Eyebrow lamination has become a hugely popular new beauty treatment, spurred on by Instagram influencers and celebrities showing off fluffy, brushed-up eyebrows. The treatment is noted as a quick way to create a full brow look without the daily hassle of having to fill the eyebrows in – but are there any downsides to this treatment?
What is eyebrow lamination?
Originating from Russia, brow lamination is a technique where the eyebrows are painted with a chemical solution that breaks down the bonds in the hairs – similar to perming – which allows the hairs to be moved into a new shape. This makes it particularly popular for people who have sparse areas in the brows, as these patches can be disguised.
Once the hairs have been brushed upwards into the desired shape, a fixing solution is applied to keep the hairs in place. Eyebrow lamination can take up to an hour and lasts for around six weeks.
Is eyebrow lamination bad for your eyebrows?
Although many people undergo eyebrow lamination and have no issues, the treatment is not without its risks. The skin around the eye is extremely delicate – in fact, the eyelid skin is the thinnest skin on the body – and is therefore more prone to irritation. The harsh chemicals that are used during eyebrow lamination treatments can be very drying, leaving the skin red and inflamed. Before having the treatment, make sure that you follow the patch test instructions as set out by the beautician – but if you have sensitive skin, eyebrow lamination is unlikely to be a good idea.
Similarly, having such caustic chemicals in close proximity to the eye is a risk in itself, as it could cause severe damage if they came into contact with the eye.
In terms of the eyebrow hairs themselves, the chemicals from eyebrow lamination can cause damage. The chemicals used to relax the hairs, thioglycolic acid or ammonium thioglycolate – which is also used for perms – can be harsh on the hairs. In the same way that using chemicals on the hair on your scalp can make it dry, brittle and damaged, using strong chemicals on your eyebrows can have the same effect. This overprocessing can cause breakage, and over time can potentially damage the hair follicles.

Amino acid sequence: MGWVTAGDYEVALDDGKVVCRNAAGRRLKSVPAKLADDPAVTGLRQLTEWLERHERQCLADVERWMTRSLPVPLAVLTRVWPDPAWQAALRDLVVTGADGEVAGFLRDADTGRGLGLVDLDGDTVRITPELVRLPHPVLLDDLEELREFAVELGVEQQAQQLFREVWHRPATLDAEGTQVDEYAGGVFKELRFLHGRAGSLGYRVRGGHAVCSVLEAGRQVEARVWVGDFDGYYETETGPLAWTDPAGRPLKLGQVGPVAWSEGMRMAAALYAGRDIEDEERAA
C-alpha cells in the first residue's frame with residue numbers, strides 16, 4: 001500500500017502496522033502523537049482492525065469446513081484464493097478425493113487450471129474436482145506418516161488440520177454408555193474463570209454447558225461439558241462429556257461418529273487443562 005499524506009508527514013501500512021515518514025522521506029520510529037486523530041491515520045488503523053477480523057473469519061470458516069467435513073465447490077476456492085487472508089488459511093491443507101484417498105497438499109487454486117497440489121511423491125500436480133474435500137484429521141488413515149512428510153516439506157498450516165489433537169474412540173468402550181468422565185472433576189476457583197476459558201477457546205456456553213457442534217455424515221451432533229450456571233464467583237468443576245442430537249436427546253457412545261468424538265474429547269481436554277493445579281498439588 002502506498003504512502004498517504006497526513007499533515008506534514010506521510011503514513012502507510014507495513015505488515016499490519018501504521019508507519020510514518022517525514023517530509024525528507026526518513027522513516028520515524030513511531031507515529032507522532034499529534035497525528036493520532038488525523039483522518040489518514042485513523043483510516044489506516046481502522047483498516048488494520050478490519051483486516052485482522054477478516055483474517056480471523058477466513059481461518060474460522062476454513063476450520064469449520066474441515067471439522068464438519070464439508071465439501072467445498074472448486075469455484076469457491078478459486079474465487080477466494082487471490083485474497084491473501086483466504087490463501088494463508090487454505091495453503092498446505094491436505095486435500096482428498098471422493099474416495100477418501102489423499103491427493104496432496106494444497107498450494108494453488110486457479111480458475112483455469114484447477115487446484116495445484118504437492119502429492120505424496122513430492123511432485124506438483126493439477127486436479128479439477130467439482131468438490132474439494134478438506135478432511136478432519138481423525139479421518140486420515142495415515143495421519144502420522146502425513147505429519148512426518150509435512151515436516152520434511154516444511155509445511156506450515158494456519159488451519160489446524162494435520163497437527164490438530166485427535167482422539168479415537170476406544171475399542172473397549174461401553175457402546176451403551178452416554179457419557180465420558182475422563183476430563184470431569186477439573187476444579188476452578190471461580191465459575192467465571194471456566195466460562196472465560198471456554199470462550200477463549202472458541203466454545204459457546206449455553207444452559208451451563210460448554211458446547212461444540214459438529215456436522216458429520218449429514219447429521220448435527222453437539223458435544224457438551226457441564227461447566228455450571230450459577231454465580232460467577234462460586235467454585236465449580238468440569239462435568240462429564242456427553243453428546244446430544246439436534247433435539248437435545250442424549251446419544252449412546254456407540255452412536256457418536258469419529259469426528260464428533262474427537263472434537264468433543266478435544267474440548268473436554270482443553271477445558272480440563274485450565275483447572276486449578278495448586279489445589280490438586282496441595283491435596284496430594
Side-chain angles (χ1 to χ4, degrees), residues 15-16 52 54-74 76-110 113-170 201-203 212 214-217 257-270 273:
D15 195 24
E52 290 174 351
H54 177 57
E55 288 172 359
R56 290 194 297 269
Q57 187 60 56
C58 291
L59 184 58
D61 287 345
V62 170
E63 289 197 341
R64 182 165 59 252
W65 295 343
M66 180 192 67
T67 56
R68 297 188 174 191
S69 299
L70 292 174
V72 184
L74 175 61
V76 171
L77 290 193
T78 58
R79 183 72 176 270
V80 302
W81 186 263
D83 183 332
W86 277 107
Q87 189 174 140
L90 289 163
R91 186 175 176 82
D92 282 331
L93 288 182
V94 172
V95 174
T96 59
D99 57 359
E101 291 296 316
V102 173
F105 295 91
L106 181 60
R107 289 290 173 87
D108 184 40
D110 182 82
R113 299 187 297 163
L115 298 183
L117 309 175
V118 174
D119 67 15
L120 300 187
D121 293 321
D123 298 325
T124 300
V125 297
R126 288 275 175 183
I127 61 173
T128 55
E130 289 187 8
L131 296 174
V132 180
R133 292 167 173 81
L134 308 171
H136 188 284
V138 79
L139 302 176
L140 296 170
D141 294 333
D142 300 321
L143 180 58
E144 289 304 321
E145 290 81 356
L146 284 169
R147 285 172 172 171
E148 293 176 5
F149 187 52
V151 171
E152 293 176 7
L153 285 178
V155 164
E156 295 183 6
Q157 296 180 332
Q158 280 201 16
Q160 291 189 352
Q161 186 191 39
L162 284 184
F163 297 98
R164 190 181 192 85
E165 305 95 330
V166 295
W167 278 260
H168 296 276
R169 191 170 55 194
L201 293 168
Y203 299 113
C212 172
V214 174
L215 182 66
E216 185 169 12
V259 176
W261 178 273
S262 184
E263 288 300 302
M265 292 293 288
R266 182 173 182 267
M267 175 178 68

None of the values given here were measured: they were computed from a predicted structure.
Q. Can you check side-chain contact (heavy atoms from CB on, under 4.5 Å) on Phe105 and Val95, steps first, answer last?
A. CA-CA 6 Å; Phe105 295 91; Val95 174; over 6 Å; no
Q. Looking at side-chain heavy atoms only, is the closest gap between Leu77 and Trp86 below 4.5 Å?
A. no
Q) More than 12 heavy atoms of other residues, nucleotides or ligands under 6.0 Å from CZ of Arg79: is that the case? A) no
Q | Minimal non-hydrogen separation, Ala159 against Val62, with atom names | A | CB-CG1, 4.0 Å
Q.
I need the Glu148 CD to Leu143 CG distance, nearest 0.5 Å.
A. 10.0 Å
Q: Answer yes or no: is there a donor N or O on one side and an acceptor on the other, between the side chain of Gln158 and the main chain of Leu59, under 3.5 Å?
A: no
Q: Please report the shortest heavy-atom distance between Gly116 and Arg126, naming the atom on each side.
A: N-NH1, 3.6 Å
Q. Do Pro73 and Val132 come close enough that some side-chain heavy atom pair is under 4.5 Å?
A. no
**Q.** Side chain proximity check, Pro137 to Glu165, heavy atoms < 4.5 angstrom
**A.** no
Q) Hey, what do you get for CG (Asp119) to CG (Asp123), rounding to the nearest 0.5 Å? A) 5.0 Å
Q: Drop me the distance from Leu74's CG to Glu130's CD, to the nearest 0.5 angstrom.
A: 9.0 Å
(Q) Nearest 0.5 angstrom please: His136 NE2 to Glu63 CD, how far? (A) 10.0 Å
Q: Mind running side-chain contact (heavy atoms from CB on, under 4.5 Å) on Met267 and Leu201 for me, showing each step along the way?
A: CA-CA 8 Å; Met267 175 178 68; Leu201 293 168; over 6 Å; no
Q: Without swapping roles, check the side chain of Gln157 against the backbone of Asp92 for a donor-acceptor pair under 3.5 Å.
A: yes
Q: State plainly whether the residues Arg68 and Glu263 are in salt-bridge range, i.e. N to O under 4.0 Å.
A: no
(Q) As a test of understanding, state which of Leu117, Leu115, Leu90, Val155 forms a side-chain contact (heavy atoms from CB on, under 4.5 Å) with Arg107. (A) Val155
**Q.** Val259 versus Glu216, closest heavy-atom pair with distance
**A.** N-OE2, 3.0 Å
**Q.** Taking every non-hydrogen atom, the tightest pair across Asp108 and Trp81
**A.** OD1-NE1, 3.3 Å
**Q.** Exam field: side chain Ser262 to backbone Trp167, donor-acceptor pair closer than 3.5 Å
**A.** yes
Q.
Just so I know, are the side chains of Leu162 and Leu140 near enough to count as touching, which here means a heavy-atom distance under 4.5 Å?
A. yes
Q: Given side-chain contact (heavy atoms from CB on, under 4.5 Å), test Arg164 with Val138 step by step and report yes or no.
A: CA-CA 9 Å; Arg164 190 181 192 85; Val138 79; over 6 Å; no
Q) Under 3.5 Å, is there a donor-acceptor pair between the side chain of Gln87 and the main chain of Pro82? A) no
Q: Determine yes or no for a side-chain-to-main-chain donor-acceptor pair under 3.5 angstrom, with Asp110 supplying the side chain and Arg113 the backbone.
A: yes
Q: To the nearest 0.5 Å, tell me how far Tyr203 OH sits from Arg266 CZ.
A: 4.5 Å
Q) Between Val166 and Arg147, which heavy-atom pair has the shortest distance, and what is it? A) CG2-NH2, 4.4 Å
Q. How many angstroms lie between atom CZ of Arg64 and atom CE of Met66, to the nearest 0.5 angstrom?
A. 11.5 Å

How to stay safe with eyebrow lamination
As with any beauty treatment, do your research before you book in. Read the reviews and check the qualifications of the professional who will be carrying out your eyebrow lamination. Remember, if you are to undergo any treatment that uses chemicals on your skin, the beautician should always insist that you have a patch test first to reduce the risk of allergic reaction. If they don’t, steer clear of that salon – it’s not worth the risk.
After having eyebrow lamination, you must wait at least six weeks until booking in for your next treatment, as otherwise, you risk damaging your natural eyebrows. In between treatments, conditioning the eyebrows with oils or moisturising cream can help to keep them in good condition.
Permanent eyebrow treatments
The only way to permanently transform and improve the look of your eyebrows is eyebrow transplant surgery, a pioneering treatment that Crown Clinic specialises in – just take a look at some of our incredible results.